Clinical depression is one of the most common mental illnesses in the United States and affects over 19 million Americans each year. Clinical depression can affect a person of any age, and is found in equally distributed populations among children, teenagers, and adults, although depression tends to affect women more frequently than men. Depression rates in servicemen and women also tend to be higher.
Depression often occurs after trauma, but trouble coping with painful experiences, like divorce, death, and other losses can cause symptoms. However, it is not uncommon for depression to appear out of the blue and outside the aforementioned circumstances.
Depression involves intense feelings of sadness and/or serious mood swings that last more than just a few days and can continue on for weeks, even months. Depression can severely lower self-esteem and can make normal day-to-day functions very difficult or near impossible. It is common for people suffering from depression to feel worn out, helpless, or hopeless. These sad feelings can make a person feel like it is worthless to seek treatment or make them feel that they will never get better.
Symptoms of Depression
Everybody experiences occasional feelings of sadness, grief, or loneliness, but the symptoms for those who suffer from clinical depression are much more serious and prolonged. For an official diagnosis, a person must experience symptoms over a two-week period, most of the day, and every day. At least one of the symptoms must be a depressed mood or a lack of interest/loss of pleasure.
Symptoms of clinical depression include the following:
- Changes in eating/sleeping patterns
- Changes in weight and/or a loss of appetite
- Greater irritability (especially in teenagers)
- No longer having enjoyment or interest in things that were once so
- Trouble focusing
- Wanting to be alone or feeling abnormally lonely
- Trouble making decisions or concentrating
- Strained relationships with others in day-to-day activities
- Suicidal thoughts or feelings
If you or someone you know are concerned that you may be suffering from clinical depression, there are resources available. Online screenings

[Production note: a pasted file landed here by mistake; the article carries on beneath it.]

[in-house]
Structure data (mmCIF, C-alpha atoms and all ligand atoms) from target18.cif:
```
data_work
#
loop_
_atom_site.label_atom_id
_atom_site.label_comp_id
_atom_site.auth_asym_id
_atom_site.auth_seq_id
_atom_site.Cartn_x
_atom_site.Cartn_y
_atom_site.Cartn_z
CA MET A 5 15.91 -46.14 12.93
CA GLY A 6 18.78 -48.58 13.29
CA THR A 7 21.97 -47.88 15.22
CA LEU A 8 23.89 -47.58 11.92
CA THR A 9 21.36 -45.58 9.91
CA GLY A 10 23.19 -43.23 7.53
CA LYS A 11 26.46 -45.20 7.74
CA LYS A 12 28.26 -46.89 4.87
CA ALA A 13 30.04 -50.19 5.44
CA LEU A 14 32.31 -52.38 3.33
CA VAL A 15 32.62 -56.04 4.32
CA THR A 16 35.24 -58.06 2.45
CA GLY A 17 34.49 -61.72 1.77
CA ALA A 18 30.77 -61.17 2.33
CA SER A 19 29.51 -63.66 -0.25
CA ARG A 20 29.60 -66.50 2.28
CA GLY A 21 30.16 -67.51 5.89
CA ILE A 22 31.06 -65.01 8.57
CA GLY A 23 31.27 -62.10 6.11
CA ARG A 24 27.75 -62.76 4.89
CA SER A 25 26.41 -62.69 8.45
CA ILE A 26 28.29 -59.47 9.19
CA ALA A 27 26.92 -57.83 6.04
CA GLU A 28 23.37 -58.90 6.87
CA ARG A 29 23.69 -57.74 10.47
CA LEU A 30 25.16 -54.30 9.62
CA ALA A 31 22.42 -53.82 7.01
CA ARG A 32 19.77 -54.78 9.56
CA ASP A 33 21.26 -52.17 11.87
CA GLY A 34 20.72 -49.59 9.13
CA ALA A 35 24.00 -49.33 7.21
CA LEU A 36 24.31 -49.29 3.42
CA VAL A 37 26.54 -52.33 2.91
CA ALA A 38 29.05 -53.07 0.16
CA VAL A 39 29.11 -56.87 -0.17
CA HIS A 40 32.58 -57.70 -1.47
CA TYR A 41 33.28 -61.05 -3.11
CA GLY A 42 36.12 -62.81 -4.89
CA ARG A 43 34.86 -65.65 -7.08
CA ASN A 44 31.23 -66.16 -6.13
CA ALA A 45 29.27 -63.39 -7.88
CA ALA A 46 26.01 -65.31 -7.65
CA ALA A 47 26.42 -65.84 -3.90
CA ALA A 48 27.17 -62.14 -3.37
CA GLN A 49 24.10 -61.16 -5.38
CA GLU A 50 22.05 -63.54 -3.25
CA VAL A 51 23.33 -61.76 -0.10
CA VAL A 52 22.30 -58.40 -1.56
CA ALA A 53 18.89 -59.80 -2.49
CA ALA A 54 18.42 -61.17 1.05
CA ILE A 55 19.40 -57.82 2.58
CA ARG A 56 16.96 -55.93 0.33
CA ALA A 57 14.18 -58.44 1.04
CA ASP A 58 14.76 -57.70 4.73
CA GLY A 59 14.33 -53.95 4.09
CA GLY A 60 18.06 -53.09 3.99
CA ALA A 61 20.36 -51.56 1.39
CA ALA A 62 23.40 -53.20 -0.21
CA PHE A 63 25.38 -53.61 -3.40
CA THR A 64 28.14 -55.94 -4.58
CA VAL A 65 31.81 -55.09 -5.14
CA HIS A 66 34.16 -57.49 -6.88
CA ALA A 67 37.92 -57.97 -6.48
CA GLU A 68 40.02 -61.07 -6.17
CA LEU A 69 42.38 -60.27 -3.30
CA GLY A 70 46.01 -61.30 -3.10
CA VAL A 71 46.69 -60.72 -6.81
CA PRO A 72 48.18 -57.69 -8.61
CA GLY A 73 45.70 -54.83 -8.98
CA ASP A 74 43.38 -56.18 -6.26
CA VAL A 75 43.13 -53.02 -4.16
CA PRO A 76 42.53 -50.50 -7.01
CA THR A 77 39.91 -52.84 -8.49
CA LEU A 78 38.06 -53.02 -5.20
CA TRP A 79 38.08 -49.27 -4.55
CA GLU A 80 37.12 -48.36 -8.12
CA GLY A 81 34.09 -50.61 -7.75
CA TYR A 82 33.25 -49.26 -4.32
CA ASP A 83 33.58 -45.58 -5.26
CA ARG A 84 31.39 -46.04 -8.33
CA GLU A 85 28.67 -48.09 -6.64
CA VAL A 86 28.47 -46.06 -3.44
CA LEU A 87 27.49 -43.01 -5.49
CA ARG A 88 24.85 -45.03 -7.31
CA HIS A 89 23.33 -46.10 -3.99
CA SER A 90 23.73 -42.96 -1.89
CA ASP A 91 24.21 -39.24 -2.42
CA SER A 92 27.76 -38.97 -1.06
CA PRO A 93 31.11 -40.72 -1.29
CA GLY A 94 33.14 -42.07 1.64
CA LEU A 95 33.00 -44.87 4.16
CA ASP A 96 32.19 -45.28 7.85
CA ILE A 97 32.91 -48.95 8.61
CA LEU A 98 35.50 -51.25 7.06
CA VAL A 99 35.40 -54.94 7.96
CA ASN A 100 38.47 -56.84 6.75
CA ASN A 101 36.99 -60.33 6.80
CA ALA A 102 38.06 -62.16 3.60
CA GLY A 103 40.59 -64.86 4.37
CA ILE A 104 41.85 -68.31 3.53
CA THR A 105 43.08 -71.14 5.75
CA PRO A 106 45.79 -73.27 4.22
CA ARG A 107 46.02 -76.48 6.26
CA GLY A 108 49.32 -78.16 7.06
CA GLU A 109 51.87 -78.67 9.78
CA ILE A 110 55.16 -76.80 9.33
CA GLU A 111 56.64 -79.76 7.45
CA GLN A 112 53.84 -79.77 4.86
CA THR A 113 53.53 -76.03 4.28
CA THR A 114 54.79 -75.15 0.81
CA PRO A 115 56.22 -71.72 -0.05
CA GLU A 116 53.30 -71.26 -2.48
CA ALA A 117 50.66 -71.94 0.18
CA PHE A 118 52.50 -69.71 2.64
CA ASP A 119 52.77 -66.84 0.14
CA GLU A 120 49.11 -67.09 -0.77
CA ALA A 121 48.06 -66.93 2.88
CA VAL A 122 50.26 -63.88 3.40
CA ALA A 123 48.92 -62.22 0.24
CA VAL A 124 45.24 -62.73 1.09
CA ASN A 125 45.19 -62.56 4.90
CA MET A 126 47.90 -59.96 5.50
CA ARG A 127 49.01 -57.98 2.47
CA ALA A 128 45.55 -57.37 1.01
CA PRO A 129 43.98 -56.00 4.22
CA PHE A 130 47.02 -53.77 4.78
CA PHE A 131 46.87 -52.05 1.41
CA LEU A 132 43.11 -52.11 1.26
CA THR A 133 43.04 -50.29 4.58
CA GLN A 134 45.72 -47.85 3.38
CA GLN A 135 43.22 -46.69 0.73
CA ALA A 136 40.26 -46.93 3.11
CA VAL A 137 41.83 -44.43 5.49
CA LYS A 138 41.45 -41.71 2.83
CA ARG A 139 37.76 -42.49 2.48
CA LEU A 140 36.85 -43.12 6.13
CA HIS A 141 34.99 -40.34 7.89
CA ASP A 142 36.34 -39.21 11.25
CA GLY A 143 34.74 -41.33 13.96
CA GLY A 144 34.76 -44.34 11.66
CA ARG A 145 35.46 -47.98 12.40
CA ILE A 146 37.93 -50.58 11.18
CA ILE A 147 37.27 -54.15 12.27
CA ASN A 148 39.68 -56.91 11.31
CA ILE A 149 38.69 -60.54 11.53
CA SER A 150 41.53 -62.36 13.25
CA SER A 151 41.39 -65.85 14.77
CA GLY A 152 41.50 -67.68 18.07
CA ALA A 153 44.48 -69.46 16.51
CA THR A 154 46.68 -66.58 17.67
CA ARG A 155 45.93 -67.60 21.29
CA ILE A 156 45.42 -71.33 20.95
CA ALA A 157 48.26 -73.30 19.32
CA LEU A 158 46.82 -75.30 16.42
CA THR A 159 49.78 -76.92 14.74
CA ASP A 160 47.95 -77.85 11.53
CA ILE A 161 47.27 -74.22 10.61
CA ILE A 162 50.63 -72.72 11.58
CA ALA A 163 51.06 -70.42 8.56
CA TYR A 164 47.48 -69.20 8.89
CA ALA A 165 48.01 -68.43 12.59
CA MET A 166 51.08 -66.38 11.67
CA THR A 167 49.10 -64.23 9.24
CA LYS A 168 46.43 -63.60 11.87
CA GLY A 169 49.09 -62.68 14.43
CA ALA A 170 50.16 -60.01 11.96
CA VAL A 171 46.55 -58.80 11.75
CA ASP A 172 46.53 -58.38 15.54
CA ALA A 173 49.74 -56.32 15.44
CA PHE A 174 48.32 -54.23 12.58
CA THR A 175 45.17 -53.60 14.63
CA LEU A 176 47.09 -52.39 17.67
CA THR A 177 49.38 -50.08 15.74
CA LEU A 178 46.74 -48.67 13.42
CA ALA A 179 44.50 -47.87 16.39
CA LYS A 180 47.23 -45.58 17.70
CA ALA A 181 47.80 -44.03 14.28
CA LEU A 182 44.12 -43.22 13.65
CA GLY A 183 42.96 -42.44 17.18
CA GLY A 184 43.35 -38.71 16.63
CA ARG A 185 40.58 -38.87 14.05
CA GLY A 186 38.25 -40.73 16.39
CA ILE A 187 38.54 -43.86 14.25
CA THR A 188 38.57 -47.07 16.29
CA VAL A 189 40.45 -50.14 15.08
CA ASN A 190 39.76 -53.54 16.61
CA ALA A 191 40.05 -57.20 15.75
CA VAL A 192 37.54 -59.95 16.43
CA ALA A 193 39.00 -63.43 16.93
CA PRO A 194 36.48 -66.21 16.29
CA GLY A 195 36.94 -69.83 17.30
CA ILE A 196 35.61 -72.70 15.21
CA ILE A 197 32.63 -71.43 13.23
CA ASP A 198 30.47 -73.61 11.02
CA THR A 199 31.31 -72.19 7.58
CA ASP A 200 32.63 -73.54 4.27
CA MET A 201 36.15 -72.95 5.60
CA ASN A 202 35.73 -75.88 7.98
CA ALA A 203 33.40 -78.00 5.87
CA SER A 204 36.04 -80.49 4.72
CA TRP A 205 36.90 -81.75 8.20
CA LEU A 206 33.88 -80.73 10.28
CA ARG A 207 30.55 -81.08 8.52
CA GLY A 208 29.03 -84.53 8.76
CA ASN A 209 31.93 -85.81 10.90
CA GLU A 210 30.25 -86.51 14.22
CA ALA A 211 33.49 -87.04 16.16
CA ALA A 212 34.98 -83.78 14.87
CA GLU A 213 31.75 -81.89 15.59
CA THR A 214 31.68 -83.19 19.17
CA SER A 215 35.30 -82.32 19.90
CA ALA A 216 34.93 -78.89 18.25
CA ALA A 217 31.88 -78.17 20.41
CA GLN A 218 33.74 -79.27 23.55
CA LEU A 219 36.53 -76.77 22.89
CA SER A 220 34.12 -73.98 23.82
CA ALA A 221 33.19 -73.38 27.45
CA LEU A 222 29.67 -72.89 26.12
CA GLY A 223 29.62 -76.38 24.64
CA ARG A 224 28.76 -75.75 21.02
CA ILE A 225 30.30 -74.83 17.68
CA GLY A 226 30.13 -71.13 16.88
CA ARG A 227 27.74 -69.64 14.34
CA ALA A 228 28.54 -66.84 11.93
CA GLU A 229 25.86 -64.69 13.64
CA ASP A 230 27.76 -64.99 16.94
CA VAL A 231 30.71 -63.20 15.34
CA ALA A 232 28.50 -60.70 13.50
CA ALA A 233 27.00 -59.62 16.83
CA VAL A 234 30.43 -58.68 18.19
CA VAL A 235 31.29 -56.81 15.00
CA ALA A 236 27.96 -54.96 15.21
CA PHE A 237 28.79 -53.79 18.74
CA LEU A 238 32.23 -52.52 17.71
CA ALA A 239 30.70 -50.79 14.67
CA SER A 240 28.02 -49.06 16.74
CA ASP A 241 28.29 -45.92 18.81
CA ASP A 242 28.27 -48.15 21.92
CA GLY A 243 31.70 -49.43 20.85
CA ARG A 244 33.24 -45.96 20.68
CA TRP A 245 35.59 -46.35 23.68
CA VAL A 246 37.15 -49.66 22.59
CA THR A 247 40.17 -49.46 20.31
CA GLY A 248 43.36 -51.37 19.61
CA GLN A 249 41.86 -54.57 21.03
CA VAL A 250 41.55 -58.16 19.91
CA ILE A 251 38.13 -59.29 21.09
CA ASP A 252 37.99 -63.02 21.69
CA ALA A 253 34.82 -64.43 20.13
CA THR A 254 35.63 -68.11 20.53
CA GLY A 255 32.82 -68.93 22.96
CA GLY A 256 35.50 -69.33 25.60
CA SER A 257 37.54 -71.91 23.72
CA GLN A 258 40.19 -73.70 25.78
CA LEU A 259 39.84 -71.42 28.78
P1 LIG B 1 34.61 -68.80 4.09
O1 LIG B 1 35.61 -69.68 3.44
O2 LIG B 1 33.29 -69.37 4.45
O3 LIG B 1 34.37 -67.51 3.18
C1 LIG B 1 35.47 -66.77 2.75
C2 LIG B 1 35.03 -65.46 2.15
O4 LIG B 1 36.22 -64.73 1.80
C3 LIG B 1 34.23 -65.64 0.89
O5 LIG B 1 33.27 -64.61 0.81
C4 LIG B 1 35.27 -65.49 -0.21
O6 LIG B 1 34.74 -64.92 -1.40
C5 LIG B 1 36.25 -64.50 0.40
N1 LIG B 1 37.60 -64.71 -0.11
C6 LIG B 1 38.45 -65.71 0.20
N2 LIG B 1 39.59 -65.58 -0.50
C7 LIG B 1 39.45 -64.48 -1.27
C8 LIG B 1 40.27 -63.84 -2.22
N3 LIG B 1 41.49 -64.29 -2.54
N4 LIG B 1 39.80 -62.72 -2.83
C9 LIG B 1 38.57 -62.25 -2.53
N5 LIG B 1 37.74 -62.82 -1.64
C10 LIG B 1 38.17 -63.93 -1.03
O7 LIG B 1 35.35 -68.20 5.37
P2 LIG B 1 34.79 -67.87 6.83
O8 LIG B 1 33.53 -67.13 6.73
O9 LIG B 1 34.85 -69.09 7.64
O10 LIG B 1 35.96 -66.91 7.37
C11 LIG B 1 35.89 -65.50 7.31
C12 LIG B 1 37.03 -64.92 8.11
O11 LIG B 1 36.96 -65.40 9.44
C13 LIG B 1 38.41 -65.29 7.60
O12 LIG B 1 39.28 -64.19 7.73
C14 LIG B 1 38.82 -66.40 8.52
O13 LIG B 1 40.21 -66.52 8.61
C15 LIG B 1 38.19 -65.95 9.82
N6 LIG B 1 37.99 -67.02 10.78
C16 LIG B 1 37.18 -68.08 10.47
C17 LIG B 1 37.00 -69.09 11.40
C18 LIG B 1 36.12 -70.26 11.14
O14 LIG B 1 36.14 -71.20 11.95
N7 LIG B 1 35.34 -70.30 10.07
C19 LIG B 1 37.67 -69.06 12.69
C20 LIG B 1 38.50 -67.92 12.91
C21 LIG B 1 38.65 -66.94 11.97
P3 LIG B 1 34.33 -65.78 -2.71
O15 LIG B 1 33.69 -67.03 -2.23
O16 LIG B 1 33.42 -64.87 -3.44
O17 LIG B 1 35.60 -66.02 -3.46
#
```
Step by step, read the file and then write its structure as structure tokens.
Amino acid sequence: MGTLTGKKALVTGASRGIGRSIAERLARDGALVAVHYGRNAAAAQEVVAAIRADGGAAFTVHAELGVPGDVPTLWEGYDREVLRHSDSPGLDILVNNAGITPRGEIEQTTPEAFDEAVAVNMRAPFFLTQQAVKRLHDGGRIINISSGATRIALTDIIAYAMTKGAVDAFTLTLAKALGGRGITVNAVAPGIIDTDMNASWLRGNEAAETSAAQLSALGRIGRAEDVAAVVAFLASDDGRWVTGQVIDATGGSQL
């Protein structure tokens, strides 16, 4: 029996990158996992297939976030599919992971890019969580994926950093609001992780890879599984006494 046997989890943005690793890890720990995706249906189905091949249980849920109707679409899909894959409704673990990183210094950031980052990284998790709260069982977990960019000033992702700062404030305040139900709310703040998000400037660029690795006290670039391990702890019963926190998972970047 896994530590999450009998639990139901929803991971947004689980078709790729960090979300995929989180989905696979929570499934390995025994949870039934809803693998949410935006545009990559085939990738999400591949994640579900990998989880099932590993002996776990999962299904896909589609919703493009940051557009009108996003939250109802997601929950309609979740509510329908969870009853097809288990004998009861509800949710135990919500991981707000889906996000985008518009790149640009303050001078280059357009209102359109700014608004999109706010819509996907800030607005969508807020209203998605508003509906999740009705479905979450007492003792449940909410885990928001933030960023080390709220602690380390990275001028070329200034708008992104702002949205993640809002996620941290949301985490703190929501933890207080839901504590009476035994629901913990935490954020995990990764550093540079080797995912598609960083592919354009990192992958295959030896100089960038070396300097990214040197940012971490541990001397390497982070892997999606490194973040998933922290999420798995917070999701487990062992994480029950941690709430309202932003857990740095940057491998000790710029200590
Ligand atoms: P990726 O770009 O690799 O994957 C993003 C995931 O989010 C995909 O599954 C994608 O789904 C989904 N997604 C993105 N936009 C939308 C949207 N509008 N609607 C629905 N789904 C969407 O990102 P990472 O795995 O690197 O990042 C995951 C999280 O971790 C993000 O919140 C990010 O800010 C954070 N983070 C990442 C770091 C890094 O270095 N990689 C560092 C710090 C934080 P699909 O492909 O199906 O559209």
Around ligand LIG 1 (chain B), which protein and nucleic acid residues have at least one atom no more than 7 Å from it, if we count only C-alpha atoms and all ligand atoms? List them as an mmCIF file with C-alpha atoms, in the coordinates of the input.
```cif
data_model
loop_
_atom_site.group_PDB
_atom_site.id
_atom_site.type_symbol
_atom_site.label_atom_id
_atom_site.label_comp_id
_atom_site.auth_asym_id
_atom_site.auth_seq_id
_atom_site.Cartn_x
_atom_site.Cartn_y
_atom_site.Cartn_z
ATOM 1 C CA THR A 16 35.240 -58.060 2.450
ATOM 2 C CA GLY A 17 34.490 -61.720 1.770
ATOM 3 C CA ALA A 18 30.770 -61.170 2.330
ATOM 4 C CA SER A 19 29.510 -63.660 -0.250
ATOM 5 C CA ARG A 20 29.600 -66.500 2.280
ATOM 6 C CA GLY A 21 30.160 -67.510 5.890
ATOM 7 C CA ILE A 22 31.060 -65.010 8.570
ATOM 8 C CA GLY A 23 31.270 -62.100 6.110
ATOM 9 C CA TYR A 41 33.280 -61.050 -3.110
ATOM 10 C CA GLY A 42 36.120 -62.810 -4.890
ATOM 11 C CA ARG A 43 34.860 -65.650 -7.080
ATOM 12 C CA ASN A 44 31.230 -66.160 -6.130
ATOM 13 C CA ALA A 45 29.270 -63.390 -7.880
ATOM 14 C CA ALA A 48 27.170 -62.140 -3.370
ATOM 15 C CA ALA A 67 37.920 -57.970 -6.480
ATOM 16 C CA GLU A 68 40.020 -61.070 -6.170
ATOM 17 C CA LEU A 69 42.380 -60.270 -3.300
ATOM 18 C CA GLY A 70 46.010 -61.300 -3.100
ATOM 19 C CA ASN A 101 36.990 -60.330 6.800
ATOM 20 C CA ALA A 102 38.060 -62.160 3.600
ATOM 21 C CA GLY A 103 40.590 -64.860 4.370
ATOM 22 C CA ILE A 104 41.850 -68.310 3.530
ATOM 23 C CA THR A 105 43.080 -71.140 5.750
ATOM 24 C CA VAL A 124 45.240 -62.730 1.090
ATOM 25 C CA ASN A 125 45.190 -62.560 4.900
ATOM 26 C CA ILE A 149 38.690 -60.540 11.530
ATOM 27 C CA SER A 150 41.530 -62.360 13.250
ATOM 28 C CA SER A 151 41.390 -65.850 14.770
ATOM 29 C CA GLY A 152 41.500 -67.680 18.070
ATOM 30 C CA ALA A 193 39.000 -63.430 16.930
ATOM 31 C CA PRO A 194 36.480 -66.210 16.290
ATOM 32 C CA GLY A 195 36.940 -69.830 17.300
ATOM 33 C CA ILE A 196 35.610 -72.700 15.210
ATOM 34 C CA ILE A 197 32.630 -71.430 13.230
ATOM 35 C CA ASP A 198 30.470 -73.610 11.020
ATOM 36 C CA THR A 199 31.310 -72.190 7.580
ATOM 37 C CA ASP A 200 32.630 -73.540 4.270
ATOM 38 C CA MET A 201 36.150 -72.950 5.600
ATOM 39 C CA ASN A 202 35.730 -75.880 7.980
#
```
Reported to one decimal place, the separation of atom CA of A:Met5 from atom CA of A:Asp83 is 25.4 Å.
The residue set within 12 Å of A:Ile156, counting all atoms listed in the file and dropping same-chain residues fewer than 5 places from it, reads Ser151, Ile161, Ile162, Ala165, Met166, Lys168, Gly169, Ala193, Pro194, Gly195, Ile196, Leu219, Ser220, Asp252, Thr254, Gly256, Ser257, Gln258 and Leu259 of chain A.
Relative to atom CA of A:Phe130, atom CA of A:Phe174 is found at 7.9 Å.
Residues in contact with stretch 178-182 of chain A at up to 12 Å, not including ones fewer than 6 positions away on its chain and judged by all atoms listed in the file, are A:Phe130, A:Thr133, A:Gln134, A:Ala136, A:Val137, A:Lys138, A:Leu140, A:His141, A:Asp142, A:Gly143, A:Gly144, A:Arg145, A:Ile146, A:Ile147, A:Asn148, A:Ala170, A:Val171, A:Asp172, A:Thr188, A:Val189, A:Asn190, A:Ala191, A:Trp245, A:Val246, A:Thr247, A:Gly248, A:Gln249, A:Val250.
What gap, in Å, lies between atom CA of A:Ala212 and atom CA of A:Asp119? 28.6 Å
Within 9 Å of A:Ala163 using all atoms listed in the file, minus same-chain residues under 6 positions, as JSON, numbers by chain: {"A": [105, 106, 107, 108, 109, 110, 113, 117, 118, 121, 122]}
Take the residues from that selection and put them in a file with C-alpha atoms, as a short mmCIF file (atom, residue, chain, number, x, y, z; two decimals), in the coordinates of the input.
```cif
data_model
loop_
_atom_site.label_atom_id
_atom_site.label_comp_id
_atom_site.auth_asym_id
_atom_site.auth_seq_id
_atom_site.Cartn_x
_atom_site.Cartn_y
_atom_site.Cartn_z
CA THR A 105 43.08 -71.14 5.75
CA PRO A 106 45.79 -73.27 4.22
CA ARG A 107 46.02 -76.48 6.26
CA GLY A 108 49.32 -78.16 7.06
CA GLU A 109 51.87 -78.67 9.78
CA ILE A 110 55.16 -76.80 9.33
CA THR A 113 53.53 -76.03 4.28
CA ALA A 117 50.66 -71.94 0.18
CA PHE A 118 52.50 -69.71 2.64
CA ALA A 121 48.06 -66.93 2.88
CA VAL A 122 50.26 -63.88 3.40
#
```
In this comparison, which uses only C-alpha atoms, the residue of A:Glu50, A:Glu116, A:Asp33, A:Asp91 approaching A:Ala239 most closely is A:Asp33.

are available to identify symptoms. Please be sure to share your concerns about depression with your health care professional to discuss available treatment options.
Treating Clinical Depression
80% of all cases of depression are treatable, with therapy, medicine, or a combination of the two, but many people suffering from clinical depression and other mental health-related illnesses will not seek the proper attention they need. The following are recognized treatment options for clinical depression:
1. Psychotherapy (Counseling)
Cognitive Behavioral Therapy (CBT) can be used to treat clinical depression, as well as PTSD. Cognitive behavior therapy is based on the idea that psychological problems arise as a result of the way in which we interpret or evaluate situations, thoughts, and feelings, as well as our behaviors. The goal of CBT, then, is to help people learn healthier ways of coping with distressing thoughts, as well as reducing avoidance or other problematic behaviors (like substance use).
CBT usually involves meeting with your therapist once a week for up to four months. There are different types of cognitive behavioral therapy. The two most researched types of CBT are Cognitive Processing Therapy (CPT) and Prolonged Exposure (PE). The idea is that if someone can change how they evaluate their environment or thoughts and feelings, anxiety and avoidance may be reduced, improving a person's mood and overall quality of life.
Serotonin Reuptake Inhibitors (SSRIs) raise the level of serotonin in your brain and can make you feel better. Common SSRI medications for treating depression include fluoxetine (Prozac), sertraline (Zoloft), paroxetine (Paxil), citalopram (Celexa), escitalopram (Lexapro), and fluvoxamine (Luvox). However, fluoxetine (Prozac) is the only FDA approved medication for children and young adults ages 8 and older.
There are possible side effects that may occur, including nausea, decreased interest in sex and feeling drowsy, feeling tired or sleeping too much. As these medications can interact with other medications you are taking, it is important that your doctor knows all medications that you are taking.
Serotonin and norepinephrine reuptake inhibitors (SNRIs) are a class of medicines that can help relieve common depression symptoms like irritability and sadness. SNRIs work by changing the levels of chemicals in the brain and block the absorption of the neurotransmitters serotonin and norepinephrine. These medications are sometimes referred to as dual-action antidepressants. The FDA-approved SNRIs for treating depression include duloxetine (Cymbalta), venlafaxine (Effexor XR), and desvenlafaxine (Pristiq). Common side effects from this medication include nausea, dry mouth, excessive sweating, and dizziness.
Exercise or exercise programs can provide many benefits including better sleep, digestion, energy and greater sense of well being and self control. Additionally, exercise can provide a distraction from disturbing emotions while building self-esteem.
Meditation/Mindfulness such as breath/breathing control and various meditation techniques have also been used to help with depression.
Department of Veterans Affairs
National Institute of Mental Health
Mental Health America
Center for Deployment Psychology